Learning Radiology xray montage

CT Hypotension Complex
Shock Bowel


General Considerations

  • Multiple abdominal visceral changes most often associated with hypotension and frequently  trauma and hypovolemia
  • Most commonly affects the small bowel
  • Mechanisms proposed include sympathetic stimulation of the bowel, reducing circulation; altered bowel permeability from insufficient oxygen; decreased fluid reabsorption


  • Hypovolemia
  • Trauma
  • Sepsis
  • Cardiac arrest
  • Severe head injury

Imaging Findings

  • Fluid-filled, bowel segments with marked submucosal edema (bowel wall >3mm)
  • Mucosal enhancement
  • Collapse of the inferior vena cava (< 9mm at multiple levels) and aorta (<1.3 cm at multiple levels)
  • Pericaval fluid (halo sign)
  • Variable enhancement of the pancreas with peripancreatic fluid (shock pancreas)
  • Delayed nephrogram
  • Decreased enhancement of the liver and spleen
  • Increased enhancement of the adrenals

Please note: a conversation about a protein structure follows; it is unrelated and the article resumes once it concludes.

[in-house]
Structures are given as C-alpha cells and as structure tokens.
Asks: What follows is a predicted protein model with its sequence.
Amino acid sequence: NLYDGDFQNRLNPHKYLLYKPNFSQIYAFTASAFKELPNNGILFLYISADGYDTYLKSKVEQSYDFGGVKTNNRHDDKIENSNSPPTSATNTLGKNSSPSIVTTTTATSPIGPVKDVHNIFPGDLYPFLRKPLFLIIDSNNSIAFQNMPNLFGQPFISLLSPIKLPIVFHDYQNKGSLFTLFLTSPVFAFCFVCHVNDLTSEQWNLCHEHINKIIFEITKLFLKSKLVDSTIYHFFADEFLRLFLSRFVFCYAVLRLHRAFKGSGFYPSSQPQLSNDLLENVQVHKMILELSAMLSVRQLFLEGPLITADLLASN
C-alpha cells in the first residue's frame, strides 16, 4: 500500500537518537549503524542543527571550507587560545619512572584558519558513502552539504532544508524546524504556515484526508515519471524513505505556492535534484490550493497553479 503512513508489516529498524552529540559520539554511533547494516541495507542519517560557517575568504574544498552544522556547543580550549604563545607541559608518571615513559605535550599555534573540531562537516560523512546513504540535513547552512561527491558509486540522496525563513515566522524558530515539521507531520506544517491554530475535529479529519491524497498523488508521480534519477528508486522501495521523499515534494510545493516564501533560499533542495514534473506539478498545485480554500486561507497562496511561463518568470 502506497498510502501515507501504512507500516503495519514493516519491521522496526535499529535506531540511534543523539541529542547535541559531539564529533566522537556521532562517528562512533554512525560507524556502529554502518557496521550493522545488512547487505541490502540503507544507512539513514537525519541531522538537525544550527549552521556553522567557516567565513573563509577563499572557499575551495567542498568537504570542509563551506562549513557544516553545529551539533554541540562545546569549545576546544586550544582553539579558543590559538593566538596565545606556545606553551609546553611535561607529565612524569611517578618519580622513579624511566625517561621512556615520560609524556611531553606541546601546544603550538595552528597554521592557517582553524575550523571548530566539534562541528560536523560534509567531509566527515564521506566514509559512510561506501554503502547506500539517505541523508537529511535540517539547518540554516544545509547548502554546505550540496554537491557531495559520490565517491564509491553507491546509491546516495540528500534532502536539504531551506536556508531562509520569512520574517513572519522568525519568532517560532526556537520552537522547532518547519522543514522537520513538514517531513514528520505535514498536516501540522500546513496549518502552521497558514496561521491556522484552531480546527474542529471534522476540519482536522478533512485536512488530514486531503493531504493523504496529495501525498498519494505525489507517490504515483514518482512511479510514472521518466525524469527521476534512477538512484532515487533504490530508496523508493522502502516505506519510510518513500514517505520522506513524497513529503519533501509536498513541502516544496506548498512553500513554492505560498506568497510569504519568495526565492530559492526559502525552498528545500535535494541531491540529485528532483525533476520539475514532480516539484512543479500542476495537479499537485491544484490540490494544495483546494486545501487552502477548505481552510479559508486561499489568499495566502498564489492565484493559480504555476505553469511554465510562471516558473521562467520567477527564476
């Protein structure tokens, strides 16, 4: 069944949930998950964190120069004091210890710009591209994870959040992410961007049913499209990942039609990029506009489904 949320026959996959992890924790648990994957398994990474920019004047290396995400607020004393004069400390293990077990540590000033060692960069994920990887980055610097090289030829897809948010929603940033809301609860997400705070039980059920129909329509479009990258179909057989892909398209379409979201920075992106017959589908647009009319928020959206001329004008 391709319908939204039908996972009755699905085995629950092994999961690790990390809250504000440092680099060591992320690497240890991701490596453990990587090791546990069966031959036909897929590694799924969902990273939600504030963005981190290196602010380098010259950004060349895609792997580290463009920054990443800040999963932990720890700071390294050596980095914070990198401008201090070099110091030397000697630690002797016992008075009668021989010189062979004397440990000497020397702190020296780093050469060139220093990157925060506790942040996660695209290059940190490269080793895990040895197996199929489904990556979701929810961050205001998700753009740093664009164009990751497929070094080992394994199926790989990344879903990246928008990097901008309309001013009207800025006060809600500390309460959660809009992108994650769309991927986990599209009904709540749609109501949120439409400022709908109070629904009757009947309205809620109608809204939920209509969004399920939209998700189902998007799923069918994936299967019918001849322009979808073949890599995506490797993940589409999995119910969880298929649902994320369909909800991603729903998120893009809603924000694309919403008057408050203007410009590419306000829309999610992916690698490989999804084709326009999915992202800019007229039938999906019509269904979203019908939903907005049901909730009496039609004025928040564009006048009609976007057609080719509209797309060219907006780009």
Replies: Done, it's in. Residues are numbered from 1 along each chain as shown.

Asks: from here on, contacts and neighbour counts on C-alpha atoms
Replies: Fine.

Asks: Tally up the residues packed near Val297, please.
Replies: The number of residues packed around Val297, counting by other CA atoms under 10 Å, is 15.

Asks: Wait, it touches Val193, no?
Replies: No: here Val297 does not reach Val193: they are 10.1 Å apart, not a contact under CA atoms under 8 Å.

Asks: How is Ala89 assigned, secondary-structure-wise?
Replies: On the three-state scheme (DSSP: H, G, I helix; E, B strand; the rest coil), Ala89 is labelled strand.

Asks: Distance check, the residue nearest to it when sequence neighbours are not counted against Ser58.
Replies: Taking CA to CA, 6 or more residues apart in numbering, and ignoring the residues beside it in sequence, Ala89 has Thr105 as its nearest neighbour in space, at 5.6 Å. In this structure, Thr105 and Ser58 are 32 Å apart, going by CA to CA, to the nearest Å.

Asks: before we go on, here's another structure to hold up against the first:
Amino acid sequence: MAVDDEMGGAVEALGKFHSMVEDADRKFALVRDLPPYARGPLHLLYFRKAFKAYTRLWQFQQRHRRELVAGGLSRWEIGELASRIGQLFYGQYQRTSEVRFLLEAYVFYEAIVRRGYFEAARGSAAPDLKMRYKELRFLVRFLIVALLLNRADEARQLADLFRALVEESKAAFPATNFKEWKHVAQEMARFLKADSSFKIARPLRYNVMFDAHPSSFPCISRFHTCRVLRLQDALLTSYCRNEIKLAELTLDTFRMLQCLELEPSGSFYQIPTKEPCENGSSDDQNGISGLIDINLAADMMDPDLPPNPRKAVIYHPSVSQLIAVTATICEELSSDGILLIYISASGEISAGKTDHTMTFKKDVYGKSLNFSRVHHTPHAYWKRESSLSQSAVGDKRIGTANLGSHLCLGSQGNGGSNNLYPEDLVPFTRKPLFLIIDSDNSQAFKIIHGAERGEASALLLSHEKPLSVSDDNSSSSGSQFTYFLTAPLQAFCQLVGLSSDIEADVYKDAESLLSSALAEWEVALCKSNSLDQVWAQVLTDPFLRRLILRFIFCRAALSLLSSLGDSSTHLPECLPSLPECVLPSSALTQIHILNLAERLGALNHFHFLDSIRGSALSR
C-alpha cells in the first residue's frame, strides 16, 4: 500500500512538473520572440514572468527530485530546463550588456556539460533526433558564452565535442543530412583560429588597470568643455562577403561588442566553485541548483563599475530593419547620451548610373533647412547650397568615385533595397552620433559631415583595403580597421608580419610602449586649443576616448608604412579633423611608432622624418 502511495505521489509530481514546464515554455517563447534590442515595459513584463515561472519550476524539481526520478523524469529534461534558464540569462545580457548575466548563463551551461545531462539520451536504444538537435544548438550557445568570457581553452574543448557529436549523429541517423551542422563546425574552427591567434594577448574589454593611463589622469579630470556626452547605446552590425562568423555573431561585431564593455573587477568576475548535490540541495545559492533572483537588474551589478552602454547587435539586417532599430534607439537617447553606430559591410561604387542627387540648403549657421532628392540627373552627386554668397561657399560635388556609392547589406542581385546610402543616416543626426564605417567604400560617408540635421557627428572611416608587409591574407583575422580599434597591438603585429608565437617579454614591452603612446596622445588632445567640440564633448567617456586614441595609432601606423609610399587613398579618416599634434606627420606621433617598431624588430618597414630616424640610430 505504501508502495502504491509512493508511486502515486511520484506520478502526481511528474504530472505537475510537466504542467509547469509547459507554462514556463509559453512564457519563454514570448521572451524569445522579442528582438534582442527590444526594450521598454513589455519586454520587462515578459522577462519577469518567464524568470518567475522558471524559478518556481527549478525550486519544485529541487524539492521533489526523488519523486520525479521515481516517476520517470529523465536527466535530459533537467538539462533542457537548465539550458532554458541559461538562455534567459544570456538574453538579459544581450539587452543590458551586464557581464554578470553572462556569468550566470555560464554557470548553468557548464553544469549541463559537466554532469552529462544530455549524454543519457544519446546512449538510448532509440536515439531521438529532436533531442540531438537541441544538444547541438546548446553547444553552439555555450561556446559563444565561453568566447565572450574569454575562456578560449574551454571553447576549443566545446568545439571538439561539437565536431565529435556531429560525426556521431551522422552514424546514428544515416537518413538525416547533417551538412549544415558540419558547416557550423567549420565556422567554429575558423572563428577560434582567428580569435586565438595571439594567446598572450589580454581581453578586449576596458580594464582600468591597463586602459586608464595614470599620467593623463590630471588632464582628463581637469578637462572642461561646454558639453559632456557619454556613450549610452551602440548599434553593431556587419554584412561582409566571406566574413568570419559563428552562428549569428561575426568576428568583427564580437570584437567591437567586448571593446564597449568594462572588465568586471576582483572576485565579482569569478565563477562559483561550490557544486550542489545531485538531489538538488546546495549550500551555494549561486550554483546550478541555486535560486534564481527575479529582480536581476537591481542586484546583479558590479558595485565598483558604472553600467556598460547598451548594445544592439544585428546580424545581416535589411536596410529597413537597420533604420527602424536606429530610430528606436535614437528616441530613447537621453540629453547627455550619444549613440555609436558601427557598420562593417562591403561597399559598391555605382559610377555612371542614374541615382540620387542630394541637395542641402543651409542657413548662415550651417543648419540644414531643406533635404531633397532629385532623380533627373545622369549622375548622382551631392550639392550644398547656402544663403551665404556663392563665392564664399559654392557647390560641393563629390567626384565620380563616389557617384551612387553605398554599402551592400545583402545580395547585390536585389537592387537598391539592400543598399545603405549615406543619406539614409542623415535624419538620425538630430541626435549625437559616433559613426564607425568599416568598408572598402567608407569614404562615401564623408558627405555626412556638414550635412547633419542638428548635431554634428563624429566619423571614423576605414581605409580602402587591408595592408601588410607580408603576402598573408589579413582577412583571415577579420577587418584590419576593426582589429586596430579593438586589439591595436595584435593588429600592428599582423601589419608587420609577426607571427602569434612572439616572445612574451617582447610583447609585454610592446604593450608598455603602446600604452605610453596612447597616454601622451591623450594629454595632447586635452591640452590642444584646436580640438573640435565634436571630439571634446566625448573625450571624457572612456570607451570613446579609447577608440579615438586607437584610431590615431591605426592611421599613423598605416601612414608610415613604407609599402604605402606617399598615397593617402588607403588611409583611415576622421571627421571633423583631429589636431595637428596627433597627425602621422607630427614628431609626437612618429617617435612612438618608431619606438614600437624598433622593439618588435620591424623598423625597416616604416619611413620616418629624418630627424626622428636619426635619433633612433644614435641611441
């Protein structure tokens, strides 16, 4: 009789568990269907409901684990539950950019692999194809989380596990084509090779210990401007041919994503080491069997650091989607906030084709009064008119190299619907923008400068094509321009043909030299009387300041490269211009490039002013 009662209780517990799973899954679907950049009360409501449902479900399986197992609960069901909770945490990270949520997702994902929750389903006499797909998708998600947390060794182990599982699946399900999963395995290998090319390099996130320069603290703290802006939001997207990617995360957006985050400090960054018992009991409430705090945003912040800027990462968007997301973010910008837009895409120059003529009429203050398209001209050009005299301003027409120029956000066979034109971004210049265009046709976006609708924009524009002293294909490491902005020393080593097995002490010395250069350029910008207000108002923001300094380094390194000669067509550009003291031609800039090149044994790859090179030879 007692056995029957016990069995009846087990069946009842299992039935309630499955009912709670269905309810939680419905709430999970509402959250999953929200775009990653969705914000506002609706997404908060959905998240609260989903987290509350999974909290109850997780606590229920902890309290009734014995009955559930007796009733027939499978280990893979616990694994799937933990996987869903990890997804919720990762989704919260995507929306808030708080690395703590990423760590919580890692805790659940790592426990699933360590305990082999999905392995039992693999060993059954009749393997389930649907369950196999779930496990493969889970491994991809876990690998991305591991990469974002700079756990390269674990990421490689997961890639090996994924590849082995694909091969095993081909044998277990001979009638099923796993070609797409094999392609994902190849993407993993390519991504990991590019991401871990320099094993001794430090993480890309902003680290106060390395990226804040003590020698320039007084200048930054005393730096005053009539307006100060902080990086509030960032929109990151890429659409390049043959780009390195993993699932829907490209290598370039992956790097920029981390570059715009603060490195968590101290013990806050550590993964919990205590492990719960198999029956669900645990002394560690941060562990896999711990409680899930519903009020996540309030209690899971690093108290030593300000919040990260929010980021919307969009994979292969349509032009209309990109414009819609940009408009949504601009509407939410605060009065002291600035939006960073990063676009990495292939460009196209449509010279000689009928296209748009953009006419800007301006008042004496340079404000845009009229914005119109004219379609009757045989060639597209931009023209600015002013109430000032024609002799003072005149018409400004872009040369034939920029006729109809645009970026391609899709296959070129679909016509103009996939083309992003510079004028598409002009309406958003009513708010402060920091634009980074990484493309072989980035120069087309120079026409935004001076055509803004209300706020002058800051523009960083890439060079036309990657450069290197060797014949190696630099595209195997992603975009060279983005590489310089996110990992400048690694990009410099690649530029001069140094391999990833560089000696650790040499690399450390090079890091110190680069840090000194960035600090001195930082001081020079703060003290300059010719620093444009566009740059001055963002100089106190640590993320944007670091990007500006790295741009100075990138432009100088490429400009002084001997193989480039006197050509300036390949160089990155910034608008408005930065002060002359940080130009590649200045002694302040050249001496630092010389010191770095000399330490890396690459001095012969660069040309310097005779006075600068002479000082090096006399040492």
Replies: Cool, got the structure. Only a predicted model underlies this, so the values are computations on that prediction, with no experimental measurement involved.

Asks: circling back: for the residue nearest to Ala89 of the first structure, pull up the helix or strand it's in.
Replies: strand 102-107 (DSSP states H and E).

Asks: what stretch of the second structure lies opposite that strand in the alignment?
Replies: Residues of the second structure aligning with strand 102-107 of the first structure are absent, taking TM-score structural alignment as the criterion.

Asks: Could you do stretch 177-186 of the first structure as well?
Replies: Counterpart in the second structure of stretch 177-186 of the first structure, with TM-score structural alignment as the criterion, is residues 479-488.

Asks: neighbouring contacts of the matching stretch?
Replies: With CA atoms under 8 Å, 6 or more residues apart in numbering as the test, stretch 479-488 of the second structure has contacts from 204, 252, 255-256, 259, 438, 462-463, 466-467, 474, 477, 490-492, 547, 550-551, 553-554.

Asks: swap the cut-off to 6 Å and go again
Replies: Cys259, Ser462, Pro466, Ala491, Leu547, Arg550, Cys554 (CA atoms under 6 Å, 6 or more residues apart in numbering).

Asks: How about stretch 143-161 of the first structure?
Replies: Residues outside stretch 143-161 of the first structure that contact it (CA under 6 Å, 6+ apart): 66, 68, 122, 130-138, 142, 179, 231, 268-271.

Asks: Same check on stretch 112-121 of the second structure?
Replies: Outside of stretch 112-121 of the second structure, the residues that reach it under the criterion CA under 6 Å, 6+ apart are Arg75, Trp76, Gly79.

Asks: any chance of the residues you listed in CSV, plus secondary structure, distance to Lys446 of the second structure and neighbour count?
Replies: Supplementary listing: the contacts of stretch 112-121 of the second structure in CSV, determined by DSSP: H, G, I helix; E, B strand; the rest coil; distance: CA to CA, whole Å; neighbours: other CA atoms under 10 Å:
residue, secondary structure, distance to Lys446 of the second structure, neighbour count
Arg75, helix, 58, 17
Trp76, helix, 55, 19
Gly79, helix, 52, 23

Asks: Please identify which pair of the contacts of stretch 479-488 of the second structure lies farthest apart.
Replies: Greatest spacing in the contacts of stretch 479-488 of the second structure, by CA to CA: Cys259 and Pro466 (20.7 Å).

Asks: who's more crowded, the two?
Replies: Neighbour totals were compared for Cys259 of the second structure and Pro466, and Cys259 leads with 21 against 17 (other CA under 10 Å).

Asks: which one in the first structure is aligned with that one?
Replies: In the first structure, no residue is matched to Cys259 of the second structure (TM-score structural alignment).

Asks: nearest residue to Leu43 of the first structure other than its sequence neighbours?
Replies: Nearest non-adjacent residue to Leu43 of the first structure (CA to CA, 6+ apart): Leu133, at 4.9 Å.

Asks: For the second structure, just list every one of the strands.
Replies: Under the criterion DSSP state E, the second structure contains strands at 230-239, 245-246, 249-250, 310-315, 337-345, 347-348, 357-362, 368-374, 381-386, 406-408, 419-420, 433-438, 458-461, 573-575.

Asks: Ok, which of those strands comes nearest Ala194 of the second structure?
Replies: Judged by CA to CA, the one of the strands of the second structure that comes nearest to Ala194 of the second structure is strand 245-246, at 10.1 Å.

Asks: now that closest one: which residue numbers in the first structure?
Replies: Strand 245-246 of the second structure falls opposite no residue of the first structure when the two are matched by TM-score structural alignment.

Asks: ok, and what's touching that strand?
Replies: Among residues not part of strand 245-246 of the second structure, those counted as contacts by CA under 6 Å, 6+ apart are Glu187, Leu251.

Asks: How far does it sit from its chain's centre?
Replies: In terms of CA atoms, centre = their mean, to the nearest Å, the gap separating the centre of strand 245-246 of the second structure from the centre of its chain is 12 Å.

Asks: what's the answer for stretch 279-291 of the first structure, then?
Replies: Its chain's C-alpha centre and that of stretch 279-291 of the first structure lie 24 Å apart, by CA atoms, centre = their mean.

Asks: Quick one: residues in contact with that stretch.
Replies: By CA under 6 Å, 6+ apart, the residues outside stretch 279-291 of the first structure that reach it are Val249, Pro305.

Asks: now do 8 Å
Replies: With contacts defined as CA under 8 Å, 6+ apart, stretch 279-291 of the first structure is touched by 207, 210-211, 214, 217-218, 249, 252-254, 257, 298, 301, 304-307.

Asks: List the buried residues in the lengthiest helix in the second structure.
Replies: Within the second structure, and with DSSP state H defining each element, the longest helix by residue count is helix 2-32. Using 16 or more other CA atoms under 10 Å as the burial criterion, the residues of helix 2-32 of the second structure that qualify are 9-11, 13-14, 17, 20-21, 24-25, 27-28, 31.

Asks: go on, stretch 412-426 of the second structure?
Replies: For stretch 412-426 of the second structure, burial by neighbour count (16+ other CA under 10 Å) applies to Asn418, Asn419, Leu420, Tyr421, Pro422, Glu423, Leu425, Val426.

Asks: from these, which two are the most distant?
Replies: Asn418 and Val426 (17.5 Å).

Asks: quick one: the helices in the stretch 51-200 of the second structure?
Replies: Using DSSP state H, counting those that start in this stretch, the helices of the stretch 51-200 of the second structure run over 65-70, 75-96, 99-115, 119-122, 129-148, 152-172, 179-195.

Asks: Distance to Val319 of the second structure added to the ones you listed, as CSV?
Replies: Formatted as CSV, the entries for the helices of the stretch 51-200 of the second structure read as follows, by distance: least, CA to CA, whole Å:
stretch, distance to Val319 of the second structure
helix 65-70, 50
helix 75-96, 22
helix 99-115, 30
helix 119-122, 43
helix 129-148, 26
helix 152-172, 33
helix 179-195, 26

Differential Diagnosis

  • Bowel ischemia due to vascular occlusion –will usually not show other signs of hypotension such as small IVC or aorta, shock pancreas


  • Fluid management


  • Poor

shock bowel, ct hypotensive complex


 "Shock Bowel." There is a large amount of fluid in the small bowel (white arrows). The wall of the bowel enhances markedly and diffusely (red arrows). The aorta is slightly smaller than normal (yellow arrow).

CT Hypotension Complex (Shock Bowel) Is Not Always Due to Traumatic Hypovolemic Shock. Jennifer T. Ames and Michael P. Federle. AJR, May 2009, Volume 192, Number 5